Kaspersky Lab, a massive, Russian cybersecurity company, sued the Trump administration in U.S. federal court on Monday, arguing that the American government deprived it of due process rights when Homeland Security Secretary Elaine Duke banned its software from U.S. government agencies in September.
"Kaspersky anti-virus products and solutions provide broad access to files and elevated privileges on the computers on which the software is installed, which can be exploited by malicious cyber actors to compromise those information systems," said the Department of Homeland Security's September statement. "The Department is concerned about the ties between certain Kaspersky officials and Russian intelligence and other government agencies."
The DHS's directive gave government agencies 30 days to identify any presence of Kaspersky products, 60 days to develop plans to remove them, and 90 days to execute the plans.
President Trump signed the ban into law last week as part of a broad defense policy bill.
"There are concerns on record and some that suggest there has been direct collaboration with certain officials from Kaspersky and from the FSB, which is of course the successor to the KGB," Sen. Jean Shaheen, D-N.H., told NPR.
As NPR's David Welna reported in September,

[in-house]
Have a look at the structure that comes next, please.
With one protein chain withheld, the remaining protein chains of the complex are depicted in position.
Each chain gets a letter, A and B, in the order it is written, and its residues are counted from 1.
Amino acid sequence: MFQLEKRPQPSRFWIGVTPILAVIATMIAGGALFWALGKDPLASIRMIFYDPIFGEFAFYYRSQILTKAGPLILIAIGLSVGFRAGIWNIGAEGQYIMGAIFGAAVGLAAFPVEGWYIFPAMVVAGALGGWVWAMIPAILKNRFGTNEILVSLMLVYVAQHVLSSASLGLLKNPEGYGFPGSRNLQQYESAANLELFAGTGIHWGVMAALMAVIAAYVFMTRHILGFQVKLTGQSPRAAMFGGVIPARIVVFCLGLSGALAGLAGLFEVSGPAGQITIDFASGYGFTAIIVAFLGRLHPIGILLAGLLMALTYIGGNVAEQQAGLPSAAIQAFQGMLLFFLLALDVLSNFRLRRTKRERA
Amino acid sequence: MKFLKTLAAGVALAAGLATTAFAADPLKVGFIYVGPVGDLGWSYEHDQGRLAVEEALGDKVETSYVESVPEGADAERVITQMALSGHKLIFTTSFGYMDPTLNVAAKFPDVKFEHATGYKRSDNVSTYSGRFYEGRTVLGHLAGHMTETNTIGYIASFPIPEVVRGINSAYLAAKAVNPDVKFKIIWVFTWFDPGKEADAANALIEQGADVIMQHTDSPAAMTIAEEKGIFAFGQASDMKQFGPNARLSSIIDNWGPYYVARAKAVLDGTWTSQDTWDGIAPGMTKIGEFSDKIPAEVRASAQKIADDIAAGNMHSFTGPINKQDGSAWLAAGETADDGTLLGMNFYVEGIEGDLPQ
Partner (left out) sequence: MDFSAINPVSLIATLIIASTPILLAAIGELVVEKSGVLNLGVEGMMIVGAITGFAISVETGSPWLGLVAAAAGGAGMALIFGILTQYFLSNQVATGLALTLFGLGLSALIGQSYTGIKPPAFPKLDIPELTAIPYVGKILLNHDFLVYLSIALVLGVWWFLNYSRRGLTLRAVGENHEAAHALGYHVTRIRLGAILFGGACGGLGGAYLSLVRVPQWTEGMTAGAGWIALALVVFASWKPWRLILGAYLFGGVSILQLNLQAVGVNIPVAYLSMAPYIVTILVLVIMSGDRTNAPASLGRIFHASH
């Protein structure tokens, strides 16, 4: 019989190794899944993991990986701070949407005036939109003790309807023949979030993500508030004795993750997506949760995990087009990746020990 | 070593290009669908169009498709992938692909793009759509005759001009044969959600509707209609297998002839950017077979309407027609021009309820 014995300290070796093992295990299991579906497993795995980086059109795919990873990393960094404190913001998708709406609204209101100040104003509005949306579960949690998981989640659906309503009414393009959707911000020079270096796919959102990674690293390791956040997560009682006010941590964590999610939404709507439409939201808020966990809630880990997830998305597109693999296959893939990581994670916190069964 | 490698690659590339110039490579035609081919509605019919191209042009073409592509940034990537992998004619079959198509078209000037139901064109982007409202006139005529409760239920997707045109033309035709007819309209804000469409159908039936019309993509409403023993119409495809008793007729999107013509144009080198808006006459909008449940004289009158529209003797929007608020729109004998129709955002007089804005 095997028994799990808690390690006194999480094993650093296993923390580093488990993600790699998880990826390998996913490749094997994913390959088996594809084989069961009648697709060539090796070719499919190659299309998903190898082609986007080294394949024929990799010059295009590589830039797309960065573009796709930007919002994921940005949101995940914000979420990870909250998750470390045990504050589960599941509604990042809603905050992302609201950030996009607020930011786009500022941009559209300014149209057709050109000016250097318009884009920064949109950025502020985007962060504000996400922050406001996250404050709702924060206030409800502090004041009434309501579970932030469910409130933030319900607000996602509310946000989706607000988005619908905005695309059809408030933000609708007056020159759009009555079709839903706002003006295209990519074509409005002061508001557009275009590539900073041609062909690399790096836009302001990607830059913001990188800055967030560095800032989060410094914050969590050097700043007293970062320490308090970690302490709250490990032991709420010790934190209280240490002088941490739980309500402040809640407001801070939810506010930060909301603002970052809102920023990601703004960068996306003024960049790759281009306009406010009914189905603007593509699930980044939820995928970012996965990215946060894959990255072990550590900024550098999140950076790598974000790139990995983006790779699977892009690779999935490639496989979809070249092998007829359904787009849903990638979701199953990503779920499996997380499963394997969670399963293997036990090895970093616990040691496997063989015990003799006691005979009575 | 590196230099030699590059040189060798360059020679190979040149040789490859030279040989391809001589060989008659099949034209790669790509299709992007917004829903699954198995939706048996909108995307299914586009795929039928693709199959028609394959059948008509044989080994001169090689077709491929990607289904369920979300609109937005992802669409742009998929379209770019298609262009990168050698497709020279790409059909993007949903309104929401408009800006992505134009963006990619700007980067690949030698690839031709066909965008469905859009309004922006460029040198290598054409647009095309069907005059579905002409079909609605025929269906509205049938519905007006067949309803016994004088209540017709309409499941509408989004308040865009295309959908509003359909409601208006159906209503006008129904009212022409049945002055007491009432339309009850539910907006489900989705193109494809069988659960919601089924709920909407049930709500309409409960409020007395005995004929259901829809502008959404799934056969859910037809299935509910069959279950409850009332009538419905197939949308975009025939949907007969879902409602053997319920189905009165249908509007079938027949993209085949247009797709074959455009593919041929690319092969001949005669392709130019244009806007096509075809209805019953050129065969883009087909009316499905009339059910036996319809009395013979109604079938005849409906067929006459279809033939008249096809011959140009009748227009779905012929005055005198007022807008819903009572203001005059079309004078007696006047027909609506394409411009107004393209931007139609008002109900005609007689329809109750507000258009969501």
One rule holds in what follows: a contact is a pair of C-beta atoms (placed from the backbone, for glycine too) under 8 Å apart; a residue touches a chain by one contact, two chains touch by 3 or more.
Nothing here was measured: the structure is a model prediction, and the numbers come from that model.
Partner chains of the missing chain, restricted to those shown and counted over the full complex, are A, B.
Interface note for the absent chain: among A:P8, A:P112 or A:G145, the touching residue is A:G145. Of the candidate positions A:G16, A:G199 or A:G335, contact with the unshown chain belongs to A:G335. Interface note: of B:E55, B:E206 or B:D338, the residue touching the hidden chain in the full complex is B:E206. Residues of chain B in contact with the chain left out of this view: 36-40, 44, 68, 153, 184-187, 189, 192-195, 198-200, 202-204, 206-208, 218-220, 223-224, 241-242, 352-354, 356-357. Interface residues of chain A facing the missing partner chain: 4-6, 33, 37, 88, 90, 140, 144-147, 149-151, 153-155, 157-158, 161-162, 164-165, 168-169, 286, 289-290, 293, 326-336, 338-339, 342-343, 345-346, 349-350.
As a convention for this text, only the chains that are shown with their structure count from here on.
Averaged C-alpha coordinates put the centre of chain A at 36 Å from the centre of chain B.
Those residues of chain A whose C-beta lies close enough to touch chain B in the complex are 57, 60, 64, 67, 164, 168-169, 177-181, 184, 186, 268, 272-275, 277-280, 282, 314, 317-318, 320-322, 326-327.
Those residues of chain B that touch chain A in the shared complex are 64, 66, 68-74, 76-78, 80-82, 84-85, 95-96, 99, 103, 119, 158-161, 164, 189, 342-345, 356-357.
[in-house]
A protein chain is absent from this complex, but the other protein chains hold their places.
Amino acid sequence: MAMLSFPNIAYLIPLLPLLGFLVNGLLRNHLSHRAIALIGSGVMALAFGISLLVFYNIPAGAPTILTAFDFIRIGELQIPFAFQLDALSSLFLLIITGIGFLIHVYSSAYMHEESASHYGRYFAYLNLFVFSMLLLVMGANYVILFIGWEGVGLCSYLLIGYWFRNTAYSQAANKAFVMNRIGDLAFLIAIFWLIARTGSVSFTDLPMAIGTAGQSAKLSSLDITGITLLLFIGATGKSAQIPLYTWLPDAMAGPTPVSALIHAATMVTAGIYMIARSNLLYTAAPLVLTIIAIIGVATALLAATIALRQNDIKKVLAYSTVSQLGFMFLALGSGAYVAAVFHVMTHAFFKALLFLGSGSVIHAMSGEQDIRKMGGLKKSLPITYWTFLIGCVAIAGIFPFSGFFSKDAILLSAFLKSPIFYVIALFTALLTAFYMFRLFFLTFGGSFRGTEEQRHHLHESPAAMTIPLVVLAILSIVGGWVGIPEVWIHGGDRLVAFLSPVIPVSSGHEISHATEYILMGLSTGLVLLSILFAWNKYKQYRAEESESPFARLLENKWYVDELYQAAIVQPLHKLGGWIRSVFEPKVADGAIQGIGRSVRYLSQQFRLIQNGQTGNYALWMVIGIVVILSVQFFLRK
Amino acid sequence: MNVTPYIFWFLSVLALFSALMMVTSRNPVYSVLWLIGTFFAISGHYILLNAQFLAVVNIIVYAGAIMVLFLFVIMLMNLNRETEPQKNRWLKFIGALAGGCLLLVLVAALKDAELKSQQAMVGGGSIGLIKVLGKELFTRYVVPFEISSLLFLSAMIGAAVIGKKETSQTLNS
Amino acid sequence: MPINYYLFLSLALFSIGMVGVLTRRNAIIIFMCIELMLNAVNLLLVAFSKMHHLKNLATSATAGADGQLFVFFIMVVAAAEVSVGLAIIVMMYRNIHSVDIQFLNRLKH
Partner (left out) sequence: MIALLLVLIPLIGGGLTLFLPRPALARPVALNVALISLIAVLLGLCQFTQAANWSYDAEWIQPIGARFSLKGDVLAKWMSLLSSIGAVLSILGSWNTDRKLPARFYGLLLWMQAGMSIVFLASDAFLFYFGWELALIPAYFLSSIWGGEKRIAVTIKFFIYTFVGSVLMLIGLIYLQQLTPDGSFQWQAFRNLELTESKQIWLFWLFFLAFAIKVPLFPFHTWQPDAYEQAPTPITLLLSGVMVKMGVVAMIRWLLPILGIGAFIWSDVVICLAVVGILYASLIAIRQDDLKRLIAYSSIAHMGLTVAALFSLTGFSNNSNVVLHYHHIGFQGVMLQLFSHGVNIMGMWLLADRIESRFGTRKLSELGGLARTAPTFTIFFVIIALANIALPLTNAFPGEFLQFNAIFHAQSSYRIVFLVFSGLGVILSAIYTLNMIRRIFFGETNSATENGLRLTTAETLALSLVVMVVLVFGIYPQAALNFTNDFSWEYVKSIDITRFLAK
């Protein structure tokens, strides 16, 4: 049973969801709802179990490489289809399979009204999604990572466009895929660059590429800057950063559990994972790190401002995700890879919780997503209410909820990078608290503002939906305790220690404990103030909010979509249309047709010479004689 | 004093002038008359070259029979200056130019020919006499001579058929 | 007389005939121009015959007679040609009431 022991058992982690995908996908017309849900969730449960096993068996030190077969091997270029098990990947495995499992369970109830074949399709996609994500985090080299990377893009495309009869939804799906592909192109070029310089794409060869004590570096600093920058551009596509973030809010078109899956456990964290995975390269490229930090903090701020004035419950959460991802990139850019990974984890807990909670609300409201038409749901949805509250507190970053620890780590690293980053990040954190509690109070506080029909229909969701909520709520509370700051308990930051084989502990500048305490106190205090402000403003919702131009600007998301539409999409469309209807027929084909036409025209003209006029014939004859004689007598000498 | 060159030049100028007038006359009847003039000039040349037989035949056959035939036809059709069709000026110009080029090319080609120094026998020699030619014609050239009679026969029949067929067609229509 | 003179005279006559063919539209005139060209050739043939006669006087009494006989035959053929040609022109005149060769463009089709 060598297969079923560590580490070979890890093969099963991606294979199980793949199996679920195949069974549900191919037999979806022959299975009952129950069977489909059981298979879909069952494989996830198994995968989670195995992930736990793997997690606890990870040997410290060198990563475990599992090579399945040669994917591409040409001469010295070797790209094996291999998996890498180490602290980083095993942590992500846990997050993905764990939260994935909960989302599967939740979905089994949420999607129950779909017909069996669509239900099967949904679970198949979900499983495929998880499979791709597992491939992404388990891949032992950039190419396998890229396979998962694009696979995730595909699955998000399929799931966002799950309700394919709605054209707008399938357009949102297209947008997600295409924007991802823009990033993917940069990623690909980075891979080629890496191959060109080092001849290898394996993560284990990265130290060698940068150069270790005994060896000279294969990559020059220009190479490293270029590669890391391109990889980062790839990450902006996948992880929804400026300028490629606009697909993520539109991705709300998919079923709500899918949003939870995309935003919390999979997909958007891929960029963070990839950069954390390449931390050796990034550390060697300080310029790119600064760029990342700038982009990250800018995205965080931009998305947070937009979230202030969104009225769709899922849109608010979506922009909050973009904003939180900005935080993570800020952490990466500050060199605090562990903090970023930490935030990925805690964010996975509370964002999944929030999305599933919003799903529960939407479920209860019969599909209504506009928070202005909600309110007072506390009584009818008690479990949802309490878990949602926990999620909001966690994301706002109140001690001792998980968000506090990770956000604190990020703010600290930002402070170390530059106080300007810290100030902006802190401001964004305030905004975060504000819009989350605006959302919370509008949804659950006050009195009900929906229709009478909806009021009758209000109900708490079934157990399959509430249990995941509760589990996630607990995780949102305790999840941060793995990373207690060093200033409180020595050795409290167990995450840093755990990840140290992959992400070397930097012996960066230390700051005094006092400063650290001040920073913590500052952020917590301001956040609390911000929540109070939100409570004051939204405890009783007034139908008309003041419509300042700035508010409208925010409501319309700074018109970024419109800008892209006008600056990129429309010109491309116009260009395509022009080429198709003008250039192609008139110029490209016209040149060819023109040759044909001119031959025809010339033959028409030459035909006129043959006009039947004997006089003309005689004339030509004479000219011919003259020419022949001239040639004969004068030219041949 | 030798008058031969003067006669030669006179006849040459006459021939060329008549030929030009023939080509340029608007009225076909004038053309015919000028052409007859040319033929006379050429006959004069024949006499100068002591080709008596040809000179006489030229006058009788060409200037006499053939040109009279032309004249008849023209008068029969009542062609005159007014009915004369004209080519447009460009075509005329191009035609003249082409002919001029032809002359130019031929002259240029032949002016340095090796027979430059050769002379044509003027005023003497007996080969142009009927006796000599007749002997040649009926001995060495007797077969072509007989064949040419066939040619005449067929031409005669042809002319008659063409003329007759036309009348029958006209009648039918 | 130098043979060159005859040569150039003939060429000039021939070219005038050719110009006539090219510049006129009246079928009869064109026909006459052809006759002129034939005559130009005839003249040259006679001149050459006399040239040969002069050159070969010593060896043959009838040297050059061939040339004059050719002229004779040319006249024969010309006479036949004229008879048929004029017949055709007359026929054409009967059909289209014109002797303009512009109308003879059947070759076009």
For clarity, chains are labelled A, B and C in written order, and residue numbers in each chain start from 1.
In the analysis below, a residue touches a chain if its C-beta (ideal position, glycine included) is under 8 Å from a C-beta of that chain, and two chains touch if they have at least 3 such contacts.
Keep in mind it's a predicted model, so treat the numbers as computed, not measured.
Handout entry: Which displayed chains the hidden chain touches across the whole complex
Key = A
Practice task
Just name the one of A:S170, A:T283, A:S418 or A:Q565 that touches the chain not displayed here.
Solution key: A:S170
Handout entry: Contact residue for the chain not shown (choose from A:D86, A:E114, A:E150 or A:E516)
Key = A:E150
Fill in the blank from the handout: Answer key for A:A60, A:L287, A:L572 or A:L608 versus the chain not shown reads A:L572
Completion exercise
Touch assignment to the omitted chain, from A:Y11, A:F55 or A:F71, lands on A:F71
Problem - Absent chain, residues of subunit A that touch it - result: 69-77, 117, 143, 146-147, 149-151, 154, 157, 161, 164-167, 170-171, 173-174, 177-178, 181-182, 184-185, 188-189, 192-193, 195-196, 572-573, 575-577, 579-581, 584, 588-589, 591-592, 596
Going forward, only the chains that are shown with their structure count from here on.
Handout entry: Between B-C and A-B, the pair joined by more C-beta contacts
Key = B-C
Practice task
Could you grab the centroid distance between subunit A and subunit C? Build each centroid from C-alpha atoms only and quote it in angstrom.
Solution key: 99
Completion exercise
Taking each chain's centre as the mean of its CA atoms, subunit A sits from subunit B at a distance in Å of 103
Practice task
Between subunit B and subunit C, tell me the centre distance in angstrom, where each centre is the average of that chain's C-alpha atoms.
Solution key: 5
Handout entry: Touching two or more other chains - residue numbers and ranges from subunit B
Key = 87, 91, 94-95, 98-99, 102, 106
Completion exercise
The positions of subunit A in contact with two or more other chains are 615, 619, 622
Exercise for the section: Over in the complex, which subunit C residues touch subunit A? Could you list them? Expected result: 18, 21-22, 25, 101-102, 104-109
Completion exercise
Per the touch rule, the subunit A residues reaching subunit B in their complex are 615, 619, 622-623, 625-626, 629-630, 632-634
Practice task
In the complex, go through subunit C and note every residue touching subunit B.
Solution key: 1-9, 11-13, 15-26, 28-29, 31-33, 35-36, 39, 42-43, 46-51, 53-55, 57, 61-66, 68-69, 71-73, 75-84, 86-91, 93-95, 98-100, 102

"Kaspersky Lab said it was disappointed by the decision to ban its products. It said the company has never helped any government anywhere with cyber-espionage and added that it's, quote, 'disconcerting that a private company can be considered guilty until proven innocent due to geopolitical issues.'"
Kaspersky Lab's lawsuit also claims that the ban violates the Administrative Procedures Act and the Fifth Amendment. The Administrative Procedures Act controls how agencies like the DHS can establish regulations, and requires that agencies must provide "substantial evidence" for their regulation decisions if questioned by a U.S. court.
The company's founder, Eugene Kaspersky, issued an open letter condemning the DHS on Monday. "DHS has harmed Kaspersky Lab's reputation and its commercial operations without any evidence of wrongdoing by the company," he said.
The lawsuit was filed in the U.S. District Court for the District of Columbia.
Until recently, Kaspersky Lab was among NPR's underwriters.